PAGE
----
Symptoms and causes


Anal cancer signs and symptoms include:

  • Bleeding from the anus or rectum
  • Pain in the area of the anus
  • A mass or growth in the anal canal
  • Anal itching

When to see a doctor

Talk to your doctor about any signs and symptoms that bother you, especially if you have any factors that increase your risk of anal cancer.


Anal cancer forms when a genetic mutation turns normal, healthy cells into abnormal cells. Healthy cells grow and multiply at a set rate, eventually dying at a set time. Abnormal cells grow and multiply out of control, and they don't die. The accumulating abnormal cells form a mass (tumor). Cancer cells invade nearby tissues and can separate from an initial tumor to spread elsewhere in the body (metastasize).

Anal cancer is closely related to a sexually transmitted infection called human papillomavirus (HPV). Evidence of HPV is detected in the majority of anal cancers. HPV is thought to be the most common cause of anal cancers.

Risk factors

Several factors have been found to increase the risk of anal cancer, including:

  • Older age. Most cases of anal cancer occur in people age 50 and older.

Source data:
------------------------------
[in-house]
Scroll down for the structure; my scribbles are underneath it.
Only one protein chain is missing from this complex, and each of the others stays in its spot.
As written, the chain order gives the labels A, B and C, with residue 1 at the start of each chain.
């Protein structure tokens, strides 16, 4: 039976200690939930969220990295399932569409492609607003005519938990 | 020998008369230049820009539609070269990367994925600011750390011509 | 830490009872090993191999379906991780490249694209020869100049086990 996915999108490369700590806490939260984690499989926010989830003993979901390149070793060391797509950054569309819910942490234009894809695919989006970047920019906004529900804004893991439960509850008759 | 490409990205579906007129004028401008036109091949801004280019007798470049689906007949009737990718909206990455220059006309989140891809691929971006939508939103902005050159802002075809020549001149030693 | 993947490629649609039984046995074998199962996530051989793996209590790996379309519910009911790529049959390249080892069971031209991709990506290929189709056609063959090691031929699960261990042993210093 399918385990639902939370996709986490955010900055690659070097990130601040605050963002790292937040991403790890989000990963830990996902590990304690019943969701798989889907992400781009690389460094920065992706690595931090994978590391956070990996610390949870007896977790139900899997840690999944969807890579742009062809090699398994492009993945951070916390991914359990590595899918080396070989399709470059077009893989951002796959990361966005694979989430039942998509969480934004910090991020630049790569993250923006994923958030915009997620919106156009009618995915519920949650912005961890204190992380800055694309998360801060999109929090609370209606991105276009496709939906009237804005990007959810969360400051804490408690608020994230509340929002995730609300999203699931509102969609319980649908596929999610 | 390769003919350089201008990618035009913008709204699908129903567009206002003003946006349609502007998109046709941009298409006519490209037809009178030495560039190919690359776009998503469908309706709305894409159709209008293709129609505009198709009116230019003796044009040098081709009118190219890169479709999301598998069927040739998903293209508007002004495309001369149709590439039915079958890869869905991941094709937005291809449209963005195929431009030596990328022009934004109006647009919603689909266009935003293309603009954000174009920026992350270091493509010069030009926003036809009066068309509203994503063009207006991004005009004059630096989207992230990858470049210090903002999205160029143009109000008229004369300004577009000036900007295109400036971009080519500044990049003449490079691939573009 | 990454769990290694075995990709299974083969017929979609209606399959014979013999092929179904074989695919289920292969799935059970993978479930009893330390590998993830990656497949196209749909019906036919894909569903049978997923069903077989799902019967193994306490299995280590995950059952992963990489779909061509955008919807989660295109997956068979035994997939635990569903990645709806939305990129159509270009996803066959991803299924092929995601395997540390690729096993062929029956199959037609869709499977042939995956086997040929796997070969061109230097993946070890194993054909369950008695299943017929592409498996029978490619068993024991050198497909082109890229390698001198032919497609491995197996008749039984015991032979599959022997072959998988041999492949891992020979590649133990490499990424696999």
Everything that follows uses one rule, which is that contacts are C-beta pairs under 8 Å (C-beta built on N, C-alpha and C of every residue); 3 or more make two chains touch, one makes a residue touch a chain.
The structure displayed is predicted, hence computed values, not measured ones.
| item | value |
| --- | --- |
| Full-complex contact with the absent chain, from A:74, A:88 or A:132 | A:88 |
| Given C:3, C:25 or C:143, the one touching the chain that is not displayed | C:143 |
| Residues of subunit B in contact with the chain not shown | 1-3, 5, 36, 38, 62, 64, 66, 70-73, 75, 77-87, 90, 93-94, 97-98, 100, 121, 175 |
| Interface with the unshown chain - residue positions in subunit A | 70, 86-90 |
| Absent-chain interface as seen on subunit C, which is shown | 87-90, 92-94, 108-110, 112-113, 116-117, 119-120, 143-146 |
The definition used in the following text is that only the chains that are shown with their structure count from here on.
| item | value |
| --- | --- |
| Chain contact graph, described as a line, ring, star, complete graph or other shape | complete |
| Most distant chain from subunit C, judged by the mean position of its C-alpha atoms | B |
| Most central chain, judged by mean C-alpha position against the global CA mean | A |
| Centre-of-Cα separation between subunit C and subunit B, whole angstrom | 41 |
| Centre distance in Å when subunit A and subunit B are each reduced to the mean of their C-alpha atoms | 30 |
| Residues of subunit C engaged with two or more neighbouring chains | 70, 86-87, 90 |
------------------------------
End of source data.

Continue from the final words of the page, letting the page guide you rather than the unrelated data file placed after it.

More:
• Many sexual partners. People who have many sexual partners over their lifetimes have a greater risk of anal cancer.
  • Anal sex. People who engage in anal sex have an increased risk of anal cancer.
  • Smoking. Smoking cigarettes may increase your risk of anal cancer.
  • History of cancer. Those who have had cervical, vulvar or vaginal cancer have an increased risk of anal cancer.
  • Human papillomavirus (HPV). HPV infection increases your risk of several cancers, including anal cancer and cervical cancer. HPV infection is a sexually transmitted infection that can also cause genital warts.
  • Drugs or conditions that suppress your immune system. People who take drugs to suppress their immune systems (immunosuppressive drugs), including people who have received organ transplants, may have an increased risk of anal cancer. HIV — the virus that causes AIDS — suppresses the immune system and increases the risk of anal cancer.


Anal cancer rarely spreads (metastasizes) to distant parts of the body. Only a small percentage of tumors are found to have spread, but those that do are especially difficult to treat. Anal cancer that metastasizes most commonly spreads to the liver and the lungs.